12) It may have come as a surprise to some, but Javi Gracia was seemingly and somewhat inevitably only one league defeat away from the chop at Watford, and while no League Cup victory was ever going to lift the dark clouds over Vicarage Road, that 3-0 victory over League One Coventry City does offer some Hornets reprieve.

A first Watford goal for record signing Ismaila Sarr in a performance capped by the little known but hugely talented Adalberto Penaranda’s wonder goal have put an end to seven straight defeats for the Hertfordshire outfit either side of the summer. Even twice as many goals would do little to extend Gracia’s stay in England should league form not pick up given the nature of the competition, but consider the alternative; had Watford been taken out at home to third-tier opponents, the Spaniard’s immediate future would have been nearly untenable.

13) While regionalised draws can be viewed as synthesising football in some quarters, not having to travel the length and breadth of the country for early League Cup ties against unglamorous opponents has to be a positive.

It also throws up the opportunity for local derbies which fans of either side take seriously regardless of the competition; friendly, league, cup or otherwise. Nottingham Forest retained the Brian Clough Trophy with a 3-0 victory over Derby County’s youthful outfit while Sheffield Wednesday secured passage to the third round with that last-minute victory at South Yorkshire neighbours Rotherham United. The League Cup might not mean so much, but to the victors, bragging rights will mean everything.

 

14) That last-minute Wednesday winner was a real sucker blow for Rotherham fans. It is the fourth time in just over half a decade they have conceded last-minute goals at the New York Stadium against their biggest rivals.

Under Steve Evans, the Millers went from the jubilation of going 2-1 up with just minutes left on the clock to conceding a stoppage-time double, while just last season Dominic Iorfa scored his first Owls goal in the 99th minute to secure a 2-2 draw. Atdhe Nuhiu’s last kick of the game on Wednesday must have left Rotherham supporters with that sinking feeling once more. A word to the wise for the away fans in this fixture; never leave early.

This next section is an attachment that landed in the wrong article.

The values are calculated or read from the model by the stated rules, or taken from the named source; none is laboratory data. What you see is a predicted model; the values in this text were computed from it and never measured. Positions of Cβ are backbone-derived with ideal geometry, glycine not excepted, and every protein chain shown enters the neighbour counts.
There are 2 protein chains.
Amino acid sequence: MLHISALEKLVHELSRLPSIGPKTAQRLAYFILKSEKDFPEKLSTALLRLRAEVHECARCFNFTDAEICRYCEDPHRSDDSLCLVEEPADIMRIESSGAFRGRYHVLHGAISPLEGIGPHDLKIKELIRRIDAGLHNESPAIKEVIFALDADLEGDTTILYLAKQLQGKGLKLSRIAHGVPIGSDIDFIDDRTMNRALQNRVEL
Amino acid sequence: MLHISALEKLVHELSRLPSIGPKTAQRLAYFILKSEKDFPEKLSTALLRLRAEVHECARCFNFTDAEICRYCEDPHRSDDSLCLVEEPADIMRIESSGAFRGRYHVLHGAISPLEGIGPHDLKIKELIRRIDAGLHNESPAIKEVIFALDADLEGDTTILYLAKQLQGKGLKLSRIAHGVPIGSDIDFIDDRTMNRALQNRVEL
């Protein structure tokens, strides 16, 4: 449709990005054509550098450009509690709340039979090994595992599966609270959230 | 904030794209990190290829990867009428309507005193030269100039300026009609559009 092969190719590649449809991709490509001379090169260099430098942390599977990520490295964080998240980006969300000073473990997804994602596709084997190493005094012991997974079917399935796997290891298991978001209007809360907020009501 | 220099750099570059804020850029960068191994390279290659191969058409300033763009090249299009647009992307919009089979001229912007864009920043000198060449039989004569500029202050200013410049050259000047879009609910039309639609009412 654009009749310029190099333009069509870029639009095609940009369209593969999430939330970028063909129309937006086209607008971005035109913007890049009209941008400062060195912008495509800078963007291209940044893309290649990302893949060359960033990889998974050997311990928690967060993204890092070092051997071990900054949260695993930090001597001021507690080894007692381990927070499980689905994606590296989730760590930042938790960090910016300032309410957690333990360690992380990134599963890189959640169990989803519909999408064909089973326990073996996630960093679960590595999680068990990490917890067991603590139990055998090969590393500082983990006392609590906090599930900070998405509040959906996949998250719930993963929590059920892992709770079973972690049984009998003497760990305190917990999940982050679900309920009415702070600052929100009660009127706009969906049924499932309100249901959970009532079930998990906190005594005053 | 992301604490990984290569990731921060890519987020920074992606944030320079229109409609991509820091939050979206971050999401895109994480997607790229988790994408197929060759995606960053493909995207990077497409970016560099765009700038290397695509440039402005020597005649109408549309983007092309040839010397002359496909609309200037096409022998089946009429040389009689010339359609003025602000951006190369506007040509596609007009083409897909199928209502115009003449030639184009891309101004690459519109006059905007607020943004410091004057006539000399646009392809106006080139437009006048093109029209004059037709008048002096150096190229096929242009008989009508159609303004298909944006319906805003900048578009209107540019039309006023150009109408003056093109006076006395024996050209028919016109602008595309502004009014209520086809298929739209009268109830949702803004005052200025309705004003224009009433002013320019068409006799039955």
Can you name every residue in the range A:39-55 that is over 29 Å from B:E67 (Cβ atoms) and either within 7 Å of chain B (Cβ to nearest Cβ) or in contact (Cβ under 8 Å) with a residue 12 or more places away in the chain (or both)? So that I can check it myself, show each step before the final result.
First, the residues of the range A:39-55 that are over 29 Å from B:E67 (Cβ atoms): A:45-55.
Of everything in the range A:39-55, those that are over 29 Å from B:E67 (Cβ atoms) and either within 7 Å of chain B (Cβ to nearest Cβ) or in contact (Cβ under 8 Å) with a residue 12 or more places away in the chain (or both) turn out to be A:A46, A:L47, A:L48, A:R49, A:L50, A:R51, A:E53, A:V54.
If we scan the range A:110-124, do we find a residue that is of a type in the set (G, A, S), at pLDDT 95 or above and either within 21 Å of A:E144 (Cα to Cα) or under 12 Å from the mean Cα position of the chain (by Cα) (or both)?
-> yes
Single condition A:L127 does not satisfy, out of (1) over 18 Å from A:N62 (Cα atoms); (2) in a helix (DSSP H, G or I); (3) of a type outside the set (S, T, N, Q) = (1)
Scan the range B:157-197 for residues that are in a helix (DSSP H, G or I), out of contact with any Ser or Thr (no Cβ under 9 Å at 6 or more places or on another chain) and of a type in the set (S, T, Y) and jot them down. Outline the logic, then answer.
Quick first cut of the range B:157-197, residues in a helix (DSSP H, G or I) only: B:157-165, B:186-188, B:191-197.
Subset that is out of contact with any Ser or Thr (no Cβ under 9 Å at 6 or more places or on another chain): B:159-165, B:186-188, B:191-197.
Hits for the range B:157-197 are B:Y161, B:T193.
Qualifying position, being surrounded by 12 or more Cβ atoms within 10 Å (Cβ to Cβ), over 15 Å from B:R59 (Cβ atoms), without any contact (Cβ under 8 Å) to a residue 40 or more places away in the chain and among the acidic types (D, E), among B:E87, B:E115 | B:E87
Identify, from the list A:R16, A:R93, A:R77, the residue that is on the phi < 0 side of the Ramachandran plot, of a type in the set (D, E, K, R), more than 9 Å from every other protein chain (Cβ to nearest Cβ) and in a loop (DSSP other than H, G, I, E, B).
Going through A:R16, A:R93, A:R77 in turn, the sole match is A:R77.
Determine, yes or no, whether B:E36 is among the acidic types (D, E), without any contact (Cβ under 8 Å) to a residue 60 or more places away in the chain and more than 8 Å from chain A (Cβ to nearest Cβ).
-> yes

15) Jairo Riedewald in 2016: highly rated Dutch international more than capable of playing stellar football at centre-back and in the middle of the park, linked with some of the world’s biggest clubs after becoming the latest in a long line of Ajax youth prodigies.

Jairo Riedewald in 2019: first appearance for Premier League strugglers Crystal Palace in over a year in a League Cup defeat at home to League Two Colchester United at left back.

Somehow still only 22 years old, there’s still time to revive his career, and there’s time left to do it before Momday’s European deadline. Time to go, Jairo.

 

16) For Reading, their surprising start to the season has gone largely unnoticed in the EFL 16 Conclusions, but on Tuesday night, the Royals compounded a great couple of weeks by twice coming from behind away at Home Park to League Two promotion chasers Plymouth Argyle.

Having taken seven points in six days from league games against Huddersfield Town, West Bromwich Albion and Cardiff City, progression to the third round of the League Cup illustrates just what a great job Jose Gomes has done in his year in charge at the Madejski Stadium. Things are starting to look very different in Berkshire compared to this time last year.

 

Nathan Spafford – follow him on Twitter